Movies directed by Woody Allen have fallen out of favor in recent years as the man himself has been increasingly shunned in the #MeToo era. But the style that the writer/director perfected in movies like Annie Hall, Hannah and Her Sisters, and Bullets Over Broadway has remained a draw for filmmakers, who often view his dry humor and witty repartee as something to be admired and emulated.
That spirit, if not success, is alive in French Exit, in which Michelle Pfeiffer stars as Frances Price, a wealthy widow whose poor financial planning has left her and her adult son, Malcolm (Lucas Hedges), on the brink of being broke. As a means of burying her head in the sand, Frances leaves New York for Paris with Malcolm, continuing to spend freely despite the fact that she should be saving every penny she can.
Neither Frances nor Malcolm seem to know how to interact with general society, and yet because of their oddness, they attract a variety of people in Paris, all of whom for some reason wind up staying in their small apartment. Oh, and there’s a black cat that Frances seems to think is the reincarnation of her dead husband, Franklin (Tracy Letts), an animal that she alternately shuns and pines over.
Directed by Azazel Jacobs and adapted by Patrick DeWitt from his own novel, the film is at first mildly enjoyable because of the quirkiness of its lead characters. Few actors play haughty as well as Pfeiffer, and so even though her character is not relatable for 99 percent of society, the way she plays Frances is interesting enough to be engaging. Hedges’ character is more clueless than anything else, but his relationship with his mother and his neurotic fiancée, Susan (Imogen Poots), make you want to see where he’ll end up.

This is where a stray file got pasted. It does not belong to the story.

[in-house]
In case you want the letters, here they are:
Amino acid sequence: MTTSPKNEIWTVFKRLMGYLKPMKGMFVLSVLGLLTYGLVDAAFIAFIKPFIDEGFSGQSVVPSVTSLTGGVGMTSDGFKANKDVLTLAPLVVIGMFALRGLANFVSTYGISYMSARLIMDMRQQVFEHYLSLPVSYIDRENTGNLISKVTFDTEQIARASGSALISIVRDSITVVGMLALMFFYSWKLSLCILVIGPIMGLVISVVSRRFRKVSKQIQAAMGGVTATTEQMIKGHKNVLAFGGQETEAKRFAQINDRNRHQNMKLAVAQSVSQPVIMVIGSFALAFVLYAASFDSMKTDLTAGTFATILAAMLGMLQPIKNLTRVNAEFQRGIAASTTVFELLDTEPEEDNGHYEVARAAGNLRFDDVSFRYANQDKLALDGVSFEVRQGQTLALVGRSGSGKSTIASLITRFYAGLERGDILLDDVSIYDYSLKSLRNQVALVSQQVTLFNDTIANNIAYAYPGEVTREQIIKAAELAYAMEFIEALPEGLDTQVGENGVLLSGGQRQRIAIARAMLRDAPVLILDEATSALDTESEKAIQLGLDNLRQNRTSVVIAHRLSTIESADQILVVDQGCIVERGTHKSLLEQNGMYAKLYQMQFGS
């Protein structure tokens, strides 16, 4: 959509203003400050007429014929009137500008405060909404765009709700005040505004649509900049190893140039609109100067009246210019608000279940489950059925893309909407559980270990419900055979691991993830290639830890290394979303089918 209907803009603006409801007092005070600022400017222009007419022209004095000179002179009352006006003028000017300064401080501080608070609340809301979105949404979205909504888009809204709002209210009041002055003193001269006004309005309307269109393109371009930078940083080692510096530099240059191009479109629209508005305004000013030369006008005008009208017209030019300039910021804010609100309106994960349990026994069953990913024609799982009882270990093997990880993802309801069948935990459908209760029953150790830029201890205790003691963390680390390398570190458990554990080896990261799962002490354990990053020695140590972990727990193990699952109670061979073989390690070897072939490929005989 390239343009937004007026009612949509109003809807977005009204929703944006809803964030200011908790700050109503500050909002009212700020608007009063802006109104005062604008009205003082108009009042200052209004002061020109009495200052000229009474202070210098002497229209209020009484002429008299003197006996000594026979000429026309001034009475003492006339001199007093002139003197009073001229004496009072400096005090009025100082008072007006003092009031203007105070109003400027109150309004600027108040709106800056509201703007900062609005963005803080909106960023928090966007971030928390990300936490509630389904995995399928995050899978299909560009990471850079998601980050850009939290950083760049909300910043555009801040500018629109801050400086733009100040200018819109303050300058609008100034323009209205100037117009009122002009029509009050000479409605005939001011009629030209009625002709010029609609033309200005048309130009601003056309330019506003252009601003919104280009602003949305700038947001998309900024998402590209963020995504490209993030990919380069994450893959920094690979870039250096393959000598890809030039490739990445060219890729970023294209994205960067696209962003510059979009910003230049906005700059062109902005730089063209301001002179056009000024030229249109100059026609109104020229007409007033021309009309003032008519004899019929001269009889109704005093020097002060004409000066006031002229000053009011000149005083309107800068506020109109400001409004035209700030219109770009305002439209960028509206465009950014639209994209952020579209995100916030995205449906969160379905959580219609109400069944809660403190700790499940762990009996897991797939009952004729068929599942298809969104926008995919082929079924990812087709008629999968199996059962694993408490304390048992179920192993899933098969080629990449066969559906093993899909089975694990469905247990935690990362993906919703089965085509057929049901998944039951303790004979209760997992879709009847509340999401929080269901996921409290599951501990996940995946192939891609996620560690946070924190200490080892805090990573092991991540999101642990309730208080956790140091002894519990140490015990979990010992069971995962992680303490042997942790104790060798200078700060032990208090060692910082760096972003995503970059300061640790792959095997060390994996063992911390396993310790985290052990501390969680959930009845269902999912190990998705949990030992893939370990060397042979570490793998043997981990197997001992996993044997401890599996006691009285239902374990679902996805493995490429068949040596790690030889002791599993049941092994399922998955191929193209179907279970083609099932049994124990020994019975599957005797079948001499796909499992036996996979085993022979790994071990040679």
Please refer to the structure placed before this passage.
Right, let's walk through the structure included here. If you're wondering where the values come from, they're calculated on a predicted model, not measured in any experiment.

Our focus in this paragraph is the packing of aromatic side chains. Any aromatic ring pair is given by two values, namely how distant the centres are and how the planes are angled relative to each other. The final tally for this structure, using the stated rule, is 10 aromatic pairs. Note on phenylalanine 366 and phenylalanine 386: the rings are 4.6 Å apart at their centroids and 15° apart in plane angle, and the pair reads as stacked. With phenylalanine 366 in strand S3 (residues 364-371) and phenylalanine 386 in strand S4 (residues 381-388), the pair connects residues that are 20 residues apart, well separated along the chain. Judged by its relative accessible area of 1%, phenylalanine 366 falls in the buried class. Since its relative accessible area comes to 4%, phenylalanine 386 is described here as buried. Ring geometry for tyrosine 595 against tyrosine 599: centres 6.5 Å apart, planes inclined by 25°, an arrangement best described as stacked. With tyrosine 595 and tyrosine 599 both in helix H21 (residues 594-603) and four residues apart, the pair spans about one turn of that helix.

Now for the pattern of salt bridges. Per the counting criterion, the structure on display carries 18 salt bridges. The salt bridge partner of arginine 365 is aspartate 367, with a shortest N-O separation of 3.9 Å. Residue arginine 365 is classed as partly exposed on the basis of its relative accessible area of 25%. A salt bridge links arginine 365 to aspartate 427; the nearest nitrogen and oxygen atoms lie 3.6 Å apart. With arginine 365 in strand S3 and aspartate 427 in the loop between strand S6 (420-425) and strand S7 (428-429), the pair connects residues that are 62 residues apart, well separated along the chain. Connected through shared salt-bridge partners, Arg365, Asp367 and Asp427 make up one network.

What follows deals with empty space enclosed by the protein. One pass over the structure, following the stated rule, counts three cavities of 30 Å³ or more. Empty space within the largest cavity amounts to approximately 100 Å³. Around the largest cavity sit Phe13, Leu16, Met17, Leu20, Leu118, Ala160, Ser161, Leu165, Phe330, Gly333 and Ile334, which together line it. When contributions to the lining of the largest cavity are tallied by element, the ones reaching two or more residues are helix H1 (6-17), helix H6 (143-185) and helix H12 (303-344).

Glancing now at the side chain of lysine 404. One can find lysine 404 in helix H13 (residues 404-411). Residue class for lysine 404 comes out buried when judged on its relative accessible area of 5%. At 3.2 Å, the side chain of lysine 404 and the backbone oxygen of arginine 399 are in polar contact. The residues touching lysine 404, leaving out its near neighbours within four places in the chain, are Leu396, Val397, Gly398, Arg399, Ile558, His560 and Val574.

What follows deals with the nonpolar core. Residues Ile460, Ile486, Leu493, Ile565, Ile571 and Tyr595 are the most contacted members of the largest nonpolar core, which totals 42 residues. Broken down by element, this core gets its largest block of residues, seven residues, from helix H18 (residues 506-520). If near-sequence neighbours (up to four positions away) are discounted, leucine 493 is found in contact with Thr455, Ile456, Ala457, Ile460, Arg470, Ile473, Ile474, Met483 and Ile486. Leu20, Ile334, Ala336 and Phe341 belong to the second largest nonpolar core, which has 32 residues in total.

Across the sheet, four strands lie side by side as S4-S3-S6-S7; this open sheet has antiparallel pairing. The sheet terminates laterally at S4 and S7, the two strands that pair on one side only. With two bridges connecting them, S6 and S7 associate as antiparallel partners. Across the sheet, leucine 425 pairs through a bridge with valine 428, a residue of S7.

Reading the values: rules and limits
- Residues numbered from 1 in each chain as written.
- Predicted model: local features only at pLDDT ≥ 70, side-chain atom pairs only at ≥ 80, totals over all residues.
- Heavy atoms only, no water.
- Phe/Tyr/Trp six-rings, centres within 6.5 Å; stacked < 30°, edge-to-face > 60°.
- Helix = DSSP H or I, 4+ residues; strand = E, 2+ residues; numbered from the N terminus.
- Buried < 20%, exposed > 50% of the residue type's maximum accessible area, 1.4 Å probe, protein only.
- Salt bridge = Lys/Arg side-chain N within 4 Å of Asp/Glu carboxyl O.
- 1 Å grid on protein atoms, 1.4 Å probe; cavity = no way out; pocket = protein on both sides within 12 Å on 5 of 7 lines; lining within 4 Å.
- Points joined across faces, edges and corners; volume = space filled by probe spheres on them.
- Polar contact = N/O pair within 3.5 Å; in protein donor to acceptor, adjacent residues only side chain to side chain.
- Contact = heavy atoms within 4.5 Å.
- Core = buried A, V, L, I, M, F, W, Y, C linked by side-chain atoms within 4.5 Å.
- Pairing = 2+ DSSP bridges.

But the lack of emotion or “normal” responses by both Frances and Malcolm wears thin after the first half hour or so, and what the film is left with are characters who are not fun to be around and a story that is haphazard at best. Side plots that go nowhere involve a fake medium played by Danielle Macdonald, a lonely Paris neighbor played by Valerie Mahaffey, and a private investigator Isaach De Bankolé. By the time the film gets to a séance where they speak with the long-dead Franklin, things have gone thoroughly off the rails.
Pfeiffer is one of those actors who you’re always happy to see, even if the material she’s performing isn’t up to her talents. This is her first step outside of being a supporting character in the Disney/Marvel universe in a few years, and she proves she’s still capable of commanding the screen. Hedges is okay, but he’d do well to find roles that allow him to express more emotion, as a monotone part like this does him no favors.
Eccentric movies like French Exit can work, but only if the filmmakers maintain some sort of connection to reality. There’s very little, if anything, for moviegoers to hold on to in this story, and so it comes off as just a lot of weirdness for weirdness’ sake.
French Exit opens in theaters on April 2.